Heaven Is for Real
Faith-based film tries reaching past its audience, but falls back on preaching to its own choir way too much.
This was a murdered movie, now brought back to life on home video. Sergio Leone's "Once Upon a Time in America", which in its intended 227-minute version is an epic poem of violence and greed, was chopped by ninety minutes for U.S. theatrical release into an incomprehensible mess without texture, timing, mood, or sense. The rest of the world saw the original film, which I saw at the Cannes Film Festival. In America, a tragic decision was made. When the full-length version (now available in cassette form) played at the 1984 Cannes Film Festival, I wrote:
"Is the film too long? Yes and no. Yes, in the sense that it takes real concentration to understand Leone's story construction, in which everything may or may not be an opium dream, a nightmare, a memory, or a flashback, and that we have to keep track of characters and relationships over fifty years. No, in the sense that the movie is compulsively and continuously watchable and that the audience did not stir or grow restless as the epic unfolded."
The movie tells the story of five decades in the lives of four gangsters from New York City -- childhood friends who are merciless criminals almost from the first, but who have a special bond of loyalty to each other. When one of them breaks that bond, or thinks he does, he is haunted by guilt until late in his life, when he discovers that he was not the betrayer but the betrayed. Leone's original version tells this story in a complex series of flashbacks, memories, and dreams. The film opens with two scenes of terrifying violence, moves to an opium den where the Robert De Niro character is seeking to escape the consequences of his action, and then establishes its tone with a scene of great power: A ceaselessly ringing telephone, ringing forever in the conscience of a man who called the cops and betrayed his friends. The film moves back and forth in a tapestry of episodes, which all fit together into an emotional whole. There are times when we don't understand exactly what is happening, but never a time when we don't feel confidence in the film's narrative.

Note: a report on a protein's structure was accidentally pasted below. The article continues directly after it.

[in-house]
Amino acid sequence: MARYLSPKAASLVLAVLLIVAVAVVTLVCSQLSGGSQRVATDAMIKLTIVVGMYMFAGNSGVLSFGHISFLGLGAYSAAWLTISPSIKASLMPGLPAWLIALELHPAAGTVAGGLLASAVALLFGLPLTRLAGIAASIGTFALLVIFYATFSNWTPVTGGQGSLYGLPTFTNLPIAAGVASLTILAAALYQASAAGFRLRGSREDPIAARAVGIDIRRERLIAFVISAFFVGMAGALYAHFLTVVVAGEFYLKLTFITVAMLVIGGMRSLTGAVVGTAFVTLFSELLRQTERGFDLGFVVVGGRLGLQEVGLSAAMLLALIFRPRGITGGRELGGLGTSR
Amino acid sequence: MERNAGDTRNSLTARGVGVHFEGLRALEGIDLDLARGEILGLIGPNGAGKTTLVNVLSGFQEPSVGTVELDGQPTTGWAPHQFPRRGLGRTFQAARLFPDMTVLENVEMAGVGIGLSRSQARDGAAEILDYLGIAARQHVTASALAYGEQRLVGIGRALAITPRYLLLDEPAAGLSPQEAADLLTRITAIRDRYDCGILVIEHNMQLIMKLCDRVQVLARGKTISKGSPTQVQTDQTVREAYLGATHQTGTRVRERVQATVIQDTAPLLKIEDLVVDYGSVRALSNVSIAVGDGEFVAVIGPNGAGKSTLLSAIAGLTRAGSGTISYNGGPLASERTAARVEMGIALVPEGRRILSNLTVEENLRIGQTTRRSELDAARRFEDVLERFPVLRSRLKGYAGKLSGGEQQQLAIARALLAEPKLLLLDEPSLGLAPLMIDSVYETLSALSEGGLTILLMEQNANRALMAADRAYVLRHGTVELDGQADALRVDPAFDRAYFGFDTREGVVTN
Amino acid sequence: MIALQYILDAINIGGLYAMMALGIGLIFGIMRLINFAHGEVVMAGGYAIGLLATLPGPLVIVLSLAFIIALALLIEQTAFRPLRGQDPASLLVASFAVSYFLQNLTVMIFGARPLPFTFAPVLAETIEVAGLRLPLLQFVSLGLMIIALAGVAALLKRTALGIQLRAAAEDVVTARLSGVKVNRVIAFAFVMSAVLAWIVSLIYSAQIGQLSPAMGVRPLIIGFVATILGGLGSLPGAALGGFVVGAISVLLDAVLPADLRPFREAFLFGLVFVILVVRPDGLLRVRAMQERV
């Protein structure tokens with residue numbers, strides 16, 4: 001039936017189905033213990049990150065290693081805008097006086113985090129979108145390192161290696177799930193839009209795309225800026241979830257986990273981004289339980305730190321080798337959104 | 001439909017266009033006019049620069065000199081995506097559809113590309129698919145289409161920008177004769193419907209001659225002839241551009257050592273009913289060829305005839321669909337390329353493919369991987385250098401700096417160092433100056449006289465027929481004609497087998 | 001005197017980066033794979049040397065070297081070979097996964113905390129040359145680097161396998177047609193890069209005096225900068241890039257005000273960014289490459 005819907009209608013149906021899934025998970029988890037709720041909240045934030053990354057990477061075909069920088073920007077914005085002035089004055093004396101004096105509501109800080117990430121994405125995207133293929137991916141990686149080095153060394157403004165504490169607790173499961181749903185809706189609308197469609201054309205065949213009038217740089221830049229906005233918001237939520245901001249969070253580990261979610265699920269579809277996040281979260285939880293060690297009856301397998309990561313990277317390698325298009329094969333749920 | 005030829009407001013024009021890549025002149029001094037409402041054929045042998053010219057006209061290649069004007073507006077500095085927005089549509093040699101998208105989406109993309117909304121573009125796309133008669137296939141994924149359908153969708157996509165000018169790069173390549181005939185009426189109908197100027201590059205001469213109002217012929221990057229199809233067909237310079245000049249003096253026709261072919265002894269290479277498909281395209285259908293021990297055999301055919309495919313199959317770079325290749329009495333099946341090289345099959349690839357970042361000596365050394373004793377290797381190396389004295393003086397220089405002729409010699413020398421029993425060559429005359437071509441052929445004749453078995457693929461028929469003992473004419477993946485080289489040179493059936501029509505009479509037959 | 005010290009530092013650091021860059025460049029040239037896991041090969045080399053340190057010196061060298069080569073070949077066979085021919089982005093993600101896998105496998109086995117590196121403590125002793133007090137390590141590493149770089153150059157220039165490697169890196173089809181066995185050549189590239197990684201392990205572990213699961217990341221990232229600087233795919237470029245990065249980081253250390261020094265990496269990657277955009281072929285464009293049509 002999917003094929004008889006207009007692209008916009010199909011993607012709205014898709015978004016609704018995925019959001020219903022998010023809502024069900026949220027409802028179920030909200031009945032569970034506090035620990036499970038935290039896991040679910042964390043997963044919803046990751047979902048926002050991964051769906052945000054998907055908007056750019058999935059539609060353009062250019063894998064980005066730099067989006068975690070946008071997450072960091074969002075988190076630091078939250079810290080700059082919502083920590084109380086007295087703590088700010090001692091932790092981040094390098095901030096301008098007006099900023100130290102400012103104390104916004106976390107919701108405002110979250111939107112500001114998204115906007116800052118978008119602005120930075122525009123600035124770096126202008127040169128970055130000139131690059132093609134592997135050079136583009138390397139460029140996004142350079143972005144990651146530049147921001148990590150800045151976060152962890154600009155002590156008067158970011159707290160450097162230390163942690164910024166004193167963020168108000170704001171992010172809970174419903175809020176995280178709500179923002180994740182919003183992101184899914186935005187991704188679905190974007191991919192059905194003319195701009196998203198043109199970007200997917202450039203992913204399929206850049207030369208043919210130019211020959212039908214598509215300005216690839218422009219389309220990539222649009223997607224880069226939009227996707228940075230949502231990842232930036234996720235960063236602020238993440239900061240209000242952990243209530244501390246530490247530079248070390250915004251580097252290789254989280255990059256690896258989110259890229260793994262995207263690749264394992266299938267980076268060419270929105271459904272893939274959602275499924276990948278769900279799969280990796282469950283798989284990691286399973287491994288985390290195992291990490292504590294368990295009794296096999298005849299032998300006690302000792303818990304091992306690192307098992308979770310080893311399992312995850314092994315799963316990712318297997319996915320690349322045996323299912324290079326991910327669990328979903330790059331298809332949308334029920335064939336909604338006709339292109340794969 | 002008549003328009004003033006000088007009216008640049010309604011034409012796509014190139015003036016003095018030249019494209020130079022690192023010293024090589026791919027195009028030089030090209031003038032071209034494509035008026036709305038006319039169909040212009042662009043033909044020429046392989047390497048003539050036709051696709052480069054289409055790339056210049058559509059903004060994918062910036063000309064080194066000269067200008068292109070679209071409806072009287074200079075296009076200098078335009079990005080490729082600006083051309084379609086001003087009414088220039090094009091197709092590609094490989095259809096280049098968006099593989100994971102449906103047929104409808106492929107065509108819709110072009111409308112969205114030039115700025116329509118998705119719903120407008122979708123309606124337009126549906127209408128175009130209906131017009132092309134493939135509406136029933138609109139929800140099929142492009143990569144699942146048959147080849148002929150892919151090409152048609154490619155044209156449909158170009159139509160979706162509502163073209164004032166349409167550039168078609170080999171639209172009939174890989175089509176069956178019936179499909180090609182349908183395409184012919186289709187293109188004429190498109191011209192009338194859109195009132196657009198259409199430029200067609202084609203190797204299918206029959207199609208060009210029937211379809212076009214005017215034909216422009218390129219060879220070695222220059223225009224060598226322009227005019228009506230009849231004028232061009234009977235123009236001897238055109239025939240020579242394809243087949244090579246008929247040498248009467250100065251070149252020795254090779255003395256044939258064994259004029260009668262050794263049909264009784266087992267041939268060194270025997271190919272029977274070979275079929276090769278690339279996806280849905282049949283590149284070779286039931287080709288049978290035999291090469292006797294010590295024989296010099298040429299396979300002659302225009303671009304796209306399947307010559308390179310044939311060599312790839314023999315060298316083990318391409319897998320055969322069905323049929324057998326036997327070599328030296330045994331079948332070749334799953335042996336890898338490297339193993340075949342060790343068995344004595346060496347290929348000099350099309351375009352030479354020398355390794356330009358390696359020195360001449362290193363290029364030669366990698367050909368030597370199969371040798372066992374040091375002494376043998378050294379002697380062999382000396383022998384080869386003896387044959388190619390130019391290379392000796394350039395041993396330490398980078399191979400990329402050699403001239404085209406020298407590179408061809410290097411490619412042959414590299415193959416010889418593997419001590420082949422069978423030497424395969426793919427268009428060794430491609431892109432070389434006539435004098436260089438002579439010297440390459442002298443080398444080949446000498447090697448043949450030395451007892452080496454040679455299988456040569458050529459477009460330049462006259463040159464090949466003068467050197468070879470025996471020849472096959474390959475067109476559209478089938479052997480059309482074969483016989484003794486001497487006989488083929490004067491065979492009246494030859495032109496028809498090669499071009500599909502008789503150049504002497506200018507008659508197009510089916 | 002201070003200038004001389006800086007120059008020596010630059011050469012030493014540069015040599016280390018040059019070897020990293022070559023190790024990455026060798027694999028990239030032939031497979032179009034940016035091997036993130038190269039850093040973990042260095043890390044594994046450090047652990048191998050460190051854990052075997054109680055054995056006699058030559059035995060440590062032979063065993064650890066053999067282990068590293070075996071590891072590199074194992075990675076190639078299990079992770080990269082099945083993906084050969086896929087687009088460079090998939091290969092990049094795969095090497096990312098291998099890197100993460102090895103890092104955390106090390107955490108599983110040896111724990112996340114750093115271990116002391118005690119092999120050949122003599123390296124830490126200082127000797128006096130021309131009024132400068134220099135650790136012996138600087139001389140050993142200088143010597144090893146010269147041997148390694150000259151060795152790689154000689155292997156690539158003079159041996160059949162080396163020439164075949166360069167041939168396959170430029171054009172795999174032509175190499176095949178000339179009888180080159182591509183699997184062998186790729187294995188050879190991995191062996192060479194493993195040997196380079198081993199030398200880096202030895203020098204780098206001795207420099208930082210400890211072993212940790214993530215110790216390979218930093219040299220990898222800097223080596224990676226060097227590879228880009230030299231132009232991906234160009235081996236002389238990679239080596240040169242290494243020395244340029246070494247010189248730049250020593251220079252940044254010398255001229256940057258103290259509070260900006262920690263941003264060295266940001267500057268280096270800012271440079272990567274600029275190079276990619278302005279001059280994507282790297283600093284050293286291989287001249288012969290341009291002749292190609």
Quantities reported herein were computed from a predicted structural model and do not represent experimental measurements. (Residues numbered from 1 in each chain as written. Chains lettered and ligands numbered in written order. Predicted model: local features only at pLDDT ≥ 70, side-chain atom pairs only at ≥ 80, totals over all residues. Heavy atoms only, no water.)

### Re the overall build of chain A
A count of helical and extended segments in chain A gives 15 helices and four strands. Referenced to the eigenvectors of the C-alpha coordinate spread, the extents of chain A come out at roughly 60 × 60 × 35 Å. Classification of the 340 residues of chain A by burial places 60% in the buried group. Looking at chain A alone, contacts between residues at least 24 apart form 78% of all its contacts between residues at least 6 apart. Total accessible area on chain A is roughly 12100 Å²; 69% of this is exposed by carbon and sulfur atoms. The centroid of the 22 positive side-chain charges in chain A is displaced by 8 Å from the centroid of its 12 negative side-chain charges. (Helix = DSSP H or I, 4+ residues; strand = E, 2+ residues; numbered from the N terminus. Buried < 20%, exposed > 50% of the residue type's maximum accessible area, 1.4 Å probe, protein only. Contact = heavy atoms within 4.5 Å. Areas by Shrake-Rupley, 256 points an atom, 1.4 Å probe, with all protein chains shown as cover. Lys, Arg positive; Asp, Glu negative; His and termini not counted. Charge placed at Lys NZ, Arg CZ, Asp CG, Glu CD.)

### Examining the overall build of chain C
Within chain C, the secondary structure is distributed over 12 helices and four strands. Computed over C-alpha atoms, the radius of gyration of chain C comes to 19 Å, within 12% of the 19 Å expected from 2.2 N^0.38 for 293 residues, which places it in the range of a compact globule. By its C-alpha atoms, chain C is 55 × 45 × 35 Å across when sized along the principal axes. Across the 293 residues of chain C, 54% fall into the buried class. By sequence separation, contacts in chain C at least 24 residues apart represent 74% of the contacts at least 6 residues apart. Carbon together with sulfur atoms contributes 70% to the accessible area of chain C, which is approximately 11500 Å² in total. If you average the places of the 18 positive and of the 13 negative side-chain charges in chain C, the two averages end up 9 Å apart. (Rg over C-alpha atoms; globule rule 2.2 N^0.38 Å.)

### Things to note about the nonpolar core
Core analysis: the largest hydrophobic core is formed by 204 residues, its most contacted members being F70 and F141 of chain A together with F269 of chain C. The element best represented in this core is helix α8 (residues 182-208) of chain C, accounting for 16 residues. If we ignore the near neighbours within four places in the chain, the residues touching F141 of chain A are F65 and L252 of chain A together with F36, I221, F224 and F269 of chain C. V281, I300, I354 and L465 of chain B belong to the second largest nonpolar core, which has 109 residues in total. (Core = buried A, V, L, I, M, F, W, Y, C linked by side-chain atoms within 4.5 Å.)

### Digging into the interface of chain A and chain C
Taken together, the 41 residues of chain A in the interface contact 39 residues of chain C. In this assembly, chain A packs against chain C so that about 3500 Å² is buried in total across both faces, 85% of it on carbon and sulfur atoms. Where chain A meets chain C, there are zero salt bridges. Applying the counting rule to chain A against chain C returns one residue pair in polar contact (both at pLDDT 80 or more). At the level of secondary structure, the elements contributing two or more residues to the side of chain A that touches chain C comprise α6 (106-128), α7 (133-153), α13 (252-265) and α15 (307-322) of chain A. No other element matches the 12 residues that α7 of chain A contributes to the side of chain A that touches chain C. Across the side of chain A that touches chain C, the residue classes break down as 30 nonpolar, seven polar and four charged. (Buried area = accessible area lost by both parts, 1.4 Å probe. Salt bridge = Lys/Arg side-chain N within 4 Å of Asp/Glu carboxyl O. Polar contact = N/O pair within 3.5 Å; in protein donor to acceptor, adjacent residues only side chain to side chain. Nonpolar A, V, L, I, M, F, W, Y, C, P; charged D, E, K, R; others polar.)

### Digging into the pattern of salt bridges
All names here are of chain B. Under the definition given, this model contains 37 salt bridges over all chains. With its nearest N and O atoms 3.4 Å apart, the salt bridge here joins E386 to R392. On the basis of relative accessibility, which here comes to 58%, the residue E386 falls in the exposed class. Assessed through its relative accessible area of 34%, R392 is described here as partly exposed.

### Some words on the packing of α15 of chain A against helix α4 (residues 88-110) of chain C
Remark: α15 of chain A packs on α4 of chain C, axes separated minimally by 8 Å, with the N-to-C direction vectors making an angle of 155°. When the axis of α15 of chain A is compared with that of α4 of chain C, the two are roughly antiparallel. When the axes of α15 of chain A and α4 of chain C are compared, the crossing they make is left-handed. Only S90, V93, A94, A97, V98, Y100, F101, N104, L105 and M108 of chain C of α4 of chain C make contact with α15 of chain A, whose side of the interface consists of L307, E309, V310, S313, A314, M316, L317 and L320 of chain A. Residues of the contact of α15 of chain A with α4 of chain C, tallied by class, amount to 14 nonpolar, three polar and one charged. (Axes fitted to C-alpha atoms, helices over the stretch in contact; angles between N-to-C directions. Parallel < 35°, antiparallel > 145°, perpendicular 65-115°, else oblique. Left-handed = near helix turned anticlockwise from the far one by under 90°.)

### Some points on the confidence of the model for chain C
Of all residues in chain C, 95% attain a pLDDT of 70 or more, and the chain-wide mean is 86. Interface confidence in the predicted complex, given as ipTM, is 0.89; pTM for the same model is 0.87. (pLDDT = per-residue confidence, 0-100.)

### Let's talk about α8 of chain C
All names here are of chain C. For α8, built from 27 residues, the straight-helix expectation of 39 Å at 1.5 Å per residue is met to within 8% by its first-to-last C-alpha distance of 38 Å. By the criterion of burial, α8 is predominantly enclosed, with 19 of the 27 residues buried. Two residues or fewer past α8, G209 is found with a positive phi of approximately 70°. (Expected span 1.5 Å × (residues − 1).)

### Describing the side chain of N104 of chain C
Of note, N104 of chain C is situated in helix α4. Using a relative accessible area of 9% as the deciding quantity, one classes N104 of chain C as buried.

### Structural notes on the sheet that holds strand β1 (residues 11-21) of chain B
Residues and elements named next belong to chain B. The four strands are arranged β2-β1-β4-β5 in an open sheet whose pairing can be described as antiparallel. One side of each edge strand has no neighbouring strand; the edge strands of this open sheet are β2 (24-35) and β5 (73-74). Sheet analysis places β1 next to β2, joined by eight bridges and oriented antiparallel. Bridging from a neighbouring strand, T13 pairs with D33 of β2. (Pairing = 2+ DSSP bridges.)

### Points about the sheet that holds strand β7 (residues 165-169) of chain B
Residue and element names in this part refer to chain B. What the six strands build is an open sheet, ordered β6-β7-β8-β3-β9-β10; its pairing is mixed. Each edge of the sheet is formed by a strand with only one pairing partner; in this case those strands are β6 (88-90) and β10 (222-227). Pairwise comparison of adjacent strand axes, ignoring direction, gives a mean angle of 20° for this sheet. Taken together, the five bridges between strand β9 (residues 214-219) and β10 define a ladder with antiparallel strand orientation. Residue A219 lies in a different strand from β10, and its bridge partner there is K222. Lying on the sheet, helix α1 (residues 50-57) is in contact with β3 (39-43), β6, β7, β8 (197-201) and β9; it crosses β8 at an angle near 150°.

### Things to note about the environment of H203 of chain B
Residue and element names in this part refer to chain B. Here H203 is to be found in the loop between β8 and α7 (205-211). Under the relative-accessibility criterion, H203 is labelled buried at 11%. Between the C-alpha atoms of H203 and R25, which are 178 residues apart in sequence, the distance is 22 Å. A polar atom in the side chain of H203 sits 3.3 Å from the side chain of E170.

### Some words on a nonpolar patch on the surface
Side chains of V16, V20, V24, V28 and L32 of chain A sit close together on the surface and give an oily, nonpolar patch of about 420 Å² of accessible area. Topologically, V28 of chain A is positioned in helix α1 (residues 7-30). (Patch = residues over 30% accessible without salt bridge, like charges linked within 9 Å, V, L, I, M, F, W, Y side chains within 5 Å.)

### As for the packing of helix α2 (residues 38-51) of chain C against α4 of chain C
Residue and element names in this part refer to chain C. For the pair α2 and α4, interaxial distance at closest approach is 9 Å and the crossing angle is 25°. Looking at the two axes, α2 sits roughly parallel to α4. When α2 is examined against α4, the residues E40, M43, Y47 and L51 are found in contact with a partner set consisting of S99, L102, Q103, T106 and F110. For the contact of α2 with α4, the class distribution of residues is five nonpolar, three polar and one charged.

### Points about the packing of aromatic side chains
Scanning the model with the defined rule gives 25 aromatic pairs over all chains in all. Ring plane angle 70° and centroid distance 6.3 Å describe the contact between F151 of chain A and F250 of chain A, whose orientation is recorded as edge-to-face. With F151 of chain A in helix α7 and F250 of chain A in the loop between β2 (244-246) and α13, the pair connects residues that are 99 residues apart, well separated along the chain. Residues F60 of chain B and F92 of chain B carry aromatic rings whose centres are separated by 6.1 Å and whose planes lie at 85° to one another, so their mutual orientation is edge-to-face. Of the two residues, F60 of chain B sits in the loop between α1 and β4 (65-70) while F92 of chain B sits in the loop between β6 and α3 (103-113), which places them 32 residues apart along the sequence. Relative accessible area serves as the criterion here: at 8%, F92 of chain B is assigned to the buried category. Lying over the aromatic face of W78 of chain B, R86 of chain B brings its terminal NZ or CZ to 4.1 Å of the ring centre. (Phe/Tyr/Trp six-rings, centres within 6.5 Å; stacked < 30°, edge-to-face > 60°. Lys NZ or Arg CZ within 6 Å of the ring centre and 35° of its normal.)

That version was not seen in American theaters, although it is now available on cassette [and DVD]. Instead, the whole structure of flashbacks was junked. The telephone rings once. The poetic transitions are gone. The movie has been wrenched into apparent chronological order, scenes have been thrown out by the handful, relationships are now inexplicable, and the audience is likely to spend much of its time in complete bewilderment. It is a great irony that this botched editing job was intended to "clarify" the film.
Here are some of the specific problems with the shortened version. A speakeasy scene comes before a newspaper headline announces that Prohibition has been ratified. Prohibition is then repealed, on what feels like the next day but must be six years later. Two gangsters talk about robbing a bank in front of a woman who has never been seen before in the film; they've removed the scene explaining who she is. A labor leader turns up, unexplained, and involves the gangsters in an inexplicable situation. He later sells out, but to whom? Men come to kill De Niro's girlfriend, a character we've hardly met, and we don't know if they come from the mob or the police. And here's a real howler: At the end of the shortened version, De Niro leaves a room he has never seen before by walking through a secret panel in the wall. How did he know it was there? In the long version, he was told it was there. In the short version, his startling exit shows simple contempt for the audience.
Many of the film's most beautiful shots are missing from the short version, among them a bravura moment when a flash-forward is signaled by the unexpected appearance of a Frisbee, and another where the past becomes the present as The Beatles' "Yesterday" sneaks into the sound track. Relationships are truncated, scenes are squeezed of life, and I defy anyone to understand the plot of the short version. The original "Once Upon a Time in America" gets a four-star rating. The shorter version is a travesty.
The recent #CancelColbert campaign on Twitter raises all kinds of issues about racism, but also about hashtag activism.
Owen Gleiberman's sacking as lead film critic of Entertainment Weekly — part of a ritual bloodletting of staffers at ...
Scott Jordan Harris argues that disabled characters should not be played by able-bodied actors.